Another consideration is that, unlike desktop computers, most laptops cannot be set to restart automatically after they stop operating due to an interruption in the power supply or to extreme temperature. A few laptops have the ability to select a restart option through the system BIOS settings. Some PDAs, low–power single–board computers, and customized data loggers also have a restart feature.
If personnel are located near a site, the least expensive way to retrieve data is to personally visit a site and download the information from the transceiver buffer to a laptop computer. Similarly, one could install a computer near the stream site and store the data continuously from the transceiver using a cable (fiber optic or RS232, depending on the distance between the transceiver and computer). Data can then be downloaded from the computer to a laptop or flash drive during site visits.
Typically, data are collected weekly using these local approaches. Both approaches have been used effectively, but over time, they have proven to be time consuming and unreliable, and they obviously do not provide real–time information on system operational status or data being collected.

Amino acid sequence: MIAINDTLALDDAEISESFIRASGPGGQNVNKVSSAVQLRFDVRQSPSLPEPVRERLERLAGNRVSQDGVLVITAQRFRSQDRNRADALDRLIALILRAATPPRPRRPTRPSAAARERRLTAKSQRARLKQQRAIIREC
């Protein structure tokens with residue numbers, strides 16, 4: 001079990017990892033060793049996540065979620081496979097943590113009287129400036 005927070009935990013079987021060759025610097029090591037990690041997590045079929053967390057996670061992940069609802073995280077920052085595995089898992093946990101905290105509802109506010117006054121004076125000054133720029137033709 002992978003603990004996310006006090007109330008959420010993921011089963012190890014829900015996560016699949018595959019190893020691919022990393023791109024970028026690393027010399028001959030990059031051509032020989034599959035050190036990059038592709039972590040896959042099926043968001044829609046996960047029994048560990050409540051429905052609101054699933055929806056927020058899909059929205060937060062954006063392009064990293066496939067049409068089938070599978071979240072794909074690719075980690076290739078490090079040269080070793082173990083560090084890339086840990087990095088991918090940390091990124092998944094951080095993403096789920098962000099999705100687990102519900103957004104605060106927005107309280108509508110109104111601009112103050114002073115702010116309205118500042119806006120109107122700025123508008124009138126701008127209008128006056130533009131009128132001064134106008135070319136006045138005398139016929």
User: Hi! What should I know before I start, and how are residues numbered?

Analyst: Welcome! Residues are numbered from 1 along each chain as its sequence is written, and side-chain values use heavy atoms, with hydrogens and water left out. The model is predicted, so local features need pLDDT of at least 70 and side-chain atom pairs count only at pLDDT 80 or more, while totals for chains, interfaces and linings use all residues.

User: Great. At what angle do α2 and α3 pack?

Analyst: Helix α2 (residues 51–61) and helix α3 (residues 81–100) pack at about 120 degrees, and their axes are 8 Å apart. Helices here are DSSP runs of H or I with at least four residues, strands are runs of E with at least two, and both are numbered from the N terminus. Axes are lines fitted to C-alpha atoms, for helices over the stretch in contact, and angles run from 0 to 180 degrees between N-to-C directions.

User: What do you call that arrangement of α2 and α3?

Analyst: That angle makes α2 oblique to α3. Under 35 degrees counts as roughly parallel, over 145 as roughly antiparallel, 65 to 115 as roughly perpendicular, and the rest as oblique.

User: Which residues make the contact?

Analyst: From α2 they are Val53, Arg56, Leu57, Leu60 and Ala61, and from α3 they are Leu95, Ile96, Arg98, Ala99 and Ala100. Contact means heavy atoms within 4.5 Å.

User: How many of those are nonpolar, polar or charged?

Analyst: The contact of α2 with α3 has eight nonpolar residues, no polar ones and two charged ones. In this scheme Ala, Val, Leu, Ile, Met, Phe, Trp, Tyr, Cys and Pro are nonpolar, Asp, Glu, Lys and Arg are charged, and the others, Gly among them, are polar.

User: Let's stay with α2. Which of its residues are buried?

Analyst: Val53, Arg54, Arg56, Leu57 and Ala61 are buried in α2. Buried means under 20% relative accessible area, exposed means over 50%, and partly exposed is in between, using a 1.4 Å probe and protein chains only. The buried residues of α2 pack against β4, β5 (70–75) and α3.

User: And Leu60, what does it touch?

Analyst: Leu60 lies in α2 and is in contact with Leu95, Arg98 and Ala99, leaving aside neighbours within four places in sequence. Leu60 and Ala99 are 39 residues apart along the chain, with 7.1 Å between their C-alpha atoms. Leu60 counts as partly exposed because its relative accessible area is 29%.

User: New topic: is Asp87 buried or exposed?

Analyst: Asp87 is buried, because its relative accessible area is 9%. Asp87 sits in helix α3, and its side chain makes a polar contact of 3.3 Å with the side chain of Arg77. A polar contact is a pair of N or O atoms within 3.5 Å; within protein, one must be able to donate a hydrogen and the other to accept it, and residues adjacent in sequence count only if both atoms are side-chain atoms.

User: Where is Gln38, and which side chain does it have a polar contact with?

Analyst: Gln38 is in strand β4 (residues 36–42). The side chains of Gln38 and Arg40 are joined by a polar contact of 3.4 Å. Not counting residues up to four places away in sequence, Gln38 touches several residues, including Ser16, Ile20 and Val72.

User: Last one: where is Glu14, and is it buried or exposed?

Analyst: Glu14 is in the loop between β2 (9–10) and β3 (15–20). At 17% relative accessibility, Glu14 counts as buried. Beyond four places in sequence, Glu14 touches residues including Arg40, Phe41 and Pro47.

Often personnel are not available locally, and to overcome this obstacle, several two–way data–communication solutions have been successfully implemented. Depending on location, budget, and project requirements, these include connecting the computer to a local digital subscriber line (DSL), to a satellite system, or to a cellular phone service.
Two–way communication allows the researcher to remotely monitor the status of equipment or upload and download information to the transceiver and ancillary equipment. This can save significant time and expense, as well as reducing the risk of data loss by retrieving data on a regular schedule, such as hourly or daily.
Monthly service charges for a two–way com link are generally less expensive than labor costs for manual data retrieval, especially from remote study sites. They also enable the researcher to know when there are problems with the system on a daily or hourly basis.
At locations where DSL is available, DSL connections have proven to be relatively inexpensive and fairly reliable. When communication failures have occurred at these sites, it appeared to be the fault of poor DSL service.
Satellite communication systems have also been used to transfer information from a local computer to a regional database. The basic equipment installed is a dish and satellite modem, which is attached to a computer connected to the transceiver.